Senators outraged by testimony about living conditions on military bases

Washington — The Senate Armed Services Committee got an earful Wednesday from military families who are forced to live in unhealthy conditions. The plague of problems on bases across the country includes mold, lead paint and even rats.

Senators were outraged to hear testimony about the conditions in some of the 200,000 homes that are on military bases and managed by private contractors. Marine spouse Crystal Cornwall spoke of issues she had at Camp Pendleton, as well as issues other families had at Camp Lejeune.

“I have felt the helplessness of a fellow Marine Corps. spouse as she held her new baby and sobbed while we stood under a collapsing, moldy ceiling in her home in Camp Lejeune,” she said.

Cornwall helped organize a Facebook group that now has nearly 2,000 members who have shared their horror stories. Airman Josh Saindon and his wife, Lacy, have lived in a house at Ft. Meade in Maryland for over two years.

“We started noticing issues from almost the very beginning,” he said.

Appliances started breaking and siding on their eight-year-old house was warped. They suspected mold growing on the floor and walls was affecting their children’s health.

Families complain of mold, lead paint, rats in military housing ahead of hearing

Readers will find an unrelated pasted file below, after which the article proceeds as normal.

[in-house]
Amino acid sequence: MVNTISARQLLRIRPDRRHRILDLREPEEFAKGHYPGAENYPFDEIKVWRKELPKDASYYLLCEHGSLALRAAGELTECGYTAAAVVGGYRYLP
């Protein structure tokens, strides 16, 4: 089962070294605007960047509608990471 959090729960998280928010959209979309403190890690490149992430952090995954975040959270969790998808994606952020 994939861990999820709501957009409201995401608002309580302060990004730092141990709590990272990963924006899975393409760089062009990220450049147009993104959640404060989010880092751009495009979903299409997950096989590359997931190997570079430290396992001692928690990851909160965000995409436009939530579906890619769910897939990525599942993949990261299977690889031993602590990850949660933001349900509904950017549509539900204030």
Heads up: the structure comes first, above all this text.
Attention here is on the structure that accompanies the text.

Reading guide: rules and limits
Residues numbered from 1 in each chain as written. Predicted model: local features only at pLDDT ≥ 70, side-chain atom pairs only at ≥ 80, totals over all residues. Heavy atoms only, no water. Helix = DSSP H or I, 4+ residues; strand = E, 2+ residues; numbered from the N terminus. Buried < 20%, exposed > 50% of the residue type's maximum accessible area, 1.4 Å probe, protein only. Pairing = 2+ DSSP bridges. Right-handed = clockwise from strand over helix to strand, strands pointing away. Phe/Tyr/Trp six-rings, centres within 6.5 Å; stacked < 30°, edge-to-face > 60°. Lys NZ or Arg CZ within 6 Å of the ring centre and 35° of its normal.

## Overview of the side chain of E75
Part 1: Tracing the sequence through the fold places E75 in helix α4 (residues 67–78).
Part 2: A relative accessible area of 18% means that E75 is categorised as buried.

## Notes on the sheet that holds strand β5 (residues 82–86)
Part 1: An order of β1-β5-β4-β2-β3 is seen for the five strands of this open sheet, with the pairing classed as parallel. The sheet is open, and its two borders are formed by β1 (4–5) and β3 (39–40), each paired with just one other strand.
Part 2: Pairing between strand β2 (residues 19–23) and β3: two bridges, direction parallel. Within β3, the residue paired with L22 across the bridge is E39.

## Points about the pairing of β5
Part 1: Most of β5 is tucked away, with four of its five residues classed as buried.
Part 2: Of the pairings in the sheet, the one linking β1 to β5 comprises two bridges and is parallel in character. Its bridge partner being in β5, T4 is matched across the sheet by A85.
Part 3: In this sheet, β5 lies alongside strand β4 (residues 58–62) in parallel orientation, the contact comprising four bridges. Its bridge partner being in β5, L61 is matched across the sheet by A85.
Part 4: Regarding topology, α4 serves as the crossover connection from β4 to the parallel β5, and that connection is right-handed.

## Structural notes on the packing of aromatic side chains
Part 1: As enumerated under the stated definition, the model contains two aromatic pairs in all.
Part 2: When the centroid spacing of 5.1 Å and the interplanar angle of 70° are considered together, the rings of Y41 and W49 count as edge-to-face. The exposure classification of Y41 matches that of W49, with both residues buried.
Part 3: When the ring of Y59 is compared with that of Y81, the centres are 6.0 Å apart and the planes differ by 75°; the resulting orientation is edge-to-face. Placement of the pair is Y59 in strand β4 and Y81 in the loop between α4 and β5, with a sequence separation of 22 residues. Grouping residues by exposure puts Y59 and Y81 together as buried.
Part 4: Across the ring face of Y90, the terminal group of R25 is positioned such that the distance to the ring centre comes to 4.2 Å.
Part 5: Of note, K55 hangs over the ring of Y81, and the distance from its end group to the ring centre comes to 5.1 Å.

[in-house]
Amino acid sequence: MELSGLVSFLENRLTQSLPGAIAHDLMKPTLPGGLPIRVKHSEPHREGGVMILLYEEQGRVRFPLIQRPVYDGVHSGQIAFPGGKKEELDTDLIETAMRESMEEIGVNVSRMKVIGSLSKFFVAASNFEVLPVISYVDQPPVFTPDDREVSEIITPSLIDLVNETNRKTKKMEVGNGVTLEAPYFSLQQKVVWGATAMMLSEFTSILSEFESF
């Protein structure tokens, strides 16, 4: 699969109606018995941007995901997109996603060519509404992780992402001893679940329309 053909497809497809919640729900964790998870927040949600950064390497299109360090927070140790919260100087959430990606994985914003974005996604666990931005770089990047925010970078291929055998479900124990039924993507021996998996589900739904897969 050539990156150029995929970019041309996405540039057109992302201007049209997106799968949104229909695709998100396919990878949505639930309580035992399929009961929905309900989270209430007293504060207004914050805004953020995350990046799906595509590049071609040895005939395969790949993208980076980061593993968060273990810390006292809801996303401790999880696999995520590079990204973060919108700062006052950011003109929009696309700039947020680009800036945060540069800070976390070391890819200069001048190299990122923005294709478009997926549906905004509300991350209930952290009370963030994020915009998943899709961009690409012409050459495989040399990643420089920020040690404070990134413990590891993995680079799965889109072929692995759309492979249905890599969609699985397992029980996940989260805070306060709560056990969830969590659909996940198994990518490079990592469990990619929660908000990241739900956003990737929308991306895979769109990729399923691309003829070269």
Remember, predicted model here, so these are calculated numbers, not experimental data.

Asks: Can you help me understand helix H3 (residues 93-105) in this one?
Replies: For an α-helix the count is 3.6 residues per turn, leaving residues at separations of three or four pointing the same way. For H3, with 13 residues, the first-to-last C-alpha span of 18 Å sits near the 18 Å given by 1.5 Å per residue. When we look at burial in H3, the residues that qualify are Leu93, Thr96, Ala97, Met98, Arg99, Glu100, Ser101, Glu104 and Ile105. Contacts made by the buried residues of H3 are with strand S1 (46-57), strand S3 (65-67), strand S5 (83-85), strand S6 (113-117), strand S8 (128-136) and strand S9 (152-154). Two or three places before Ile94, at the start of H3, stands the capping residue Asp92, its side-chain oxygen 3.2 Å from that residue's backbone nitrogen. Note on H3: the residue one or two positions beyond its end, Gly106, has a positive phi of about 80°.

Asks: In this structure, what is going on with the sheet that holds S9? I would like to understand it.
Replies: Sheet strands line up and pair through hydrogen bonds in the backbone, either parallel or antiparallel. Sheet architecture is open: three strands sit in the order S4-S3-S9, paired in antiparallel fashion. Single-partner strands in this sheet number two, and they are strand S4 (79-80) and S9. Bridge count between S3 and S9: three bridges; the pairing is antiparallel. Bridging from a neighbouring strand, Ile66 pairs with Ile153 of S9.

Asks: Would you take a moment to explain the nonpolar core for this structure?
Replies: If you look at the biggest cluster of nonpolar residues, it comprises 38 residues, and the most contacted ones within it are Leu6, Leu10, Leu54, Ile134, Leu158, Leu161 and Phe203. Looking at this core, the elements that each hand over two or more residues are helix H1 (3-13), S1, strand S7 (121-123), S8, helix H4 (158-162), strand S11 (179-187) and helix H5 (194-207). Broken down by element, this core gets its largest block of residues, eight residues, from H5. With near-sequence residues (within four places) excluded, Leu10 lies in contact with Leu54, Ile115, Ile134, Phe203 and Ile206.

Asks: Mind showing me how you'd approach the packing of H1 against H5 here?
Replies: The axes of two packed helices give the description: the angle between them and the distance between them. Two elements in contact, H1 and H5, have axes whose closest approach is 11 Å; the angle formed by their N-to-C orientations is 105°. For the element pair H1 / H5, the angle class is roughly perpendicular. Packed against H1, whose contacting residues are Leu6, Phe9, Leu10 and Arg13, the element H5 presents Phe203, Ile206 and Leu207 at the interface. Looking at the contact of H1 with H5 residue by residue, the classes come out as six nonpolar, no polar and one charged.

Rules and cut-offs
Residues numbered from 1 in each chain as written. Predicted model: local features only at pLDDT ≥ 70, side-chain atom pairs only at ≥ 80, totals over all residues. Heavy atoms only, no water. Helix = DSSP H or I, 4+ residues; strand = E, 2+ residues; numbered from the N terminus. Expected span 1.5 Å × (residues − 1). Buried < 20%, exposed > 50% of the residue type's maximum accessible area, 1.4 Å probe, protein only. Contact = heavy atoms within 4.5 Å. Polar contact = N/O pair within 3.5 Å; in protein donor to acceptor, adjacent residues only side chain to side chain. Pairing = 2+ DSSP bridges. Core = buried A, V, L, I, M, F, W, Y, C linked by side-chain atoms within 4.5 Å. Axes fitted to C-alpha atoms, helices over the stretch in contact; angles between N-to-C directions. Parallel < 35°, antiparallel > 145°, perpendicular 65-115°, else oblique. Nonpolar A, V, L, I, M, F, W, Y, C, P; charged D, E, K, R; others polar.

The Saindons’ rent is covered by the Air Force, which pays a basic housing allowance of nearly $2,200 a month directly to contractor Corvias Military Living.

Its CEO was at Wednesday’s hearing, one of several housing company executives grilled by senators.

“We let down some of our residents. I am sorry and we are going to fix it,” said Corvias CEO John Picerne.

Shannon Raszadin, a Navy wife, collected complaints from more than 7,000 tenants across the nation through her group the Military Family Advisory Network.

“They shared stories of black mold, of lead paint, of rats, roaches, bats,” she said.

She said many service members don’t have any recourse.

“They don’t have the opportunity to withhold a rent check. They don’t have the luxury of going to look at housing before they move,” Raszadin said.

In 2016, the Defense Department’s own inspector general cited “pervasive” health and safety hazards at housing facilities. A Department of Defense spokeswoman told CBS News that the military and its housing partners “continue to work together to review housing conditions” and “evaluate policies and procedures.”

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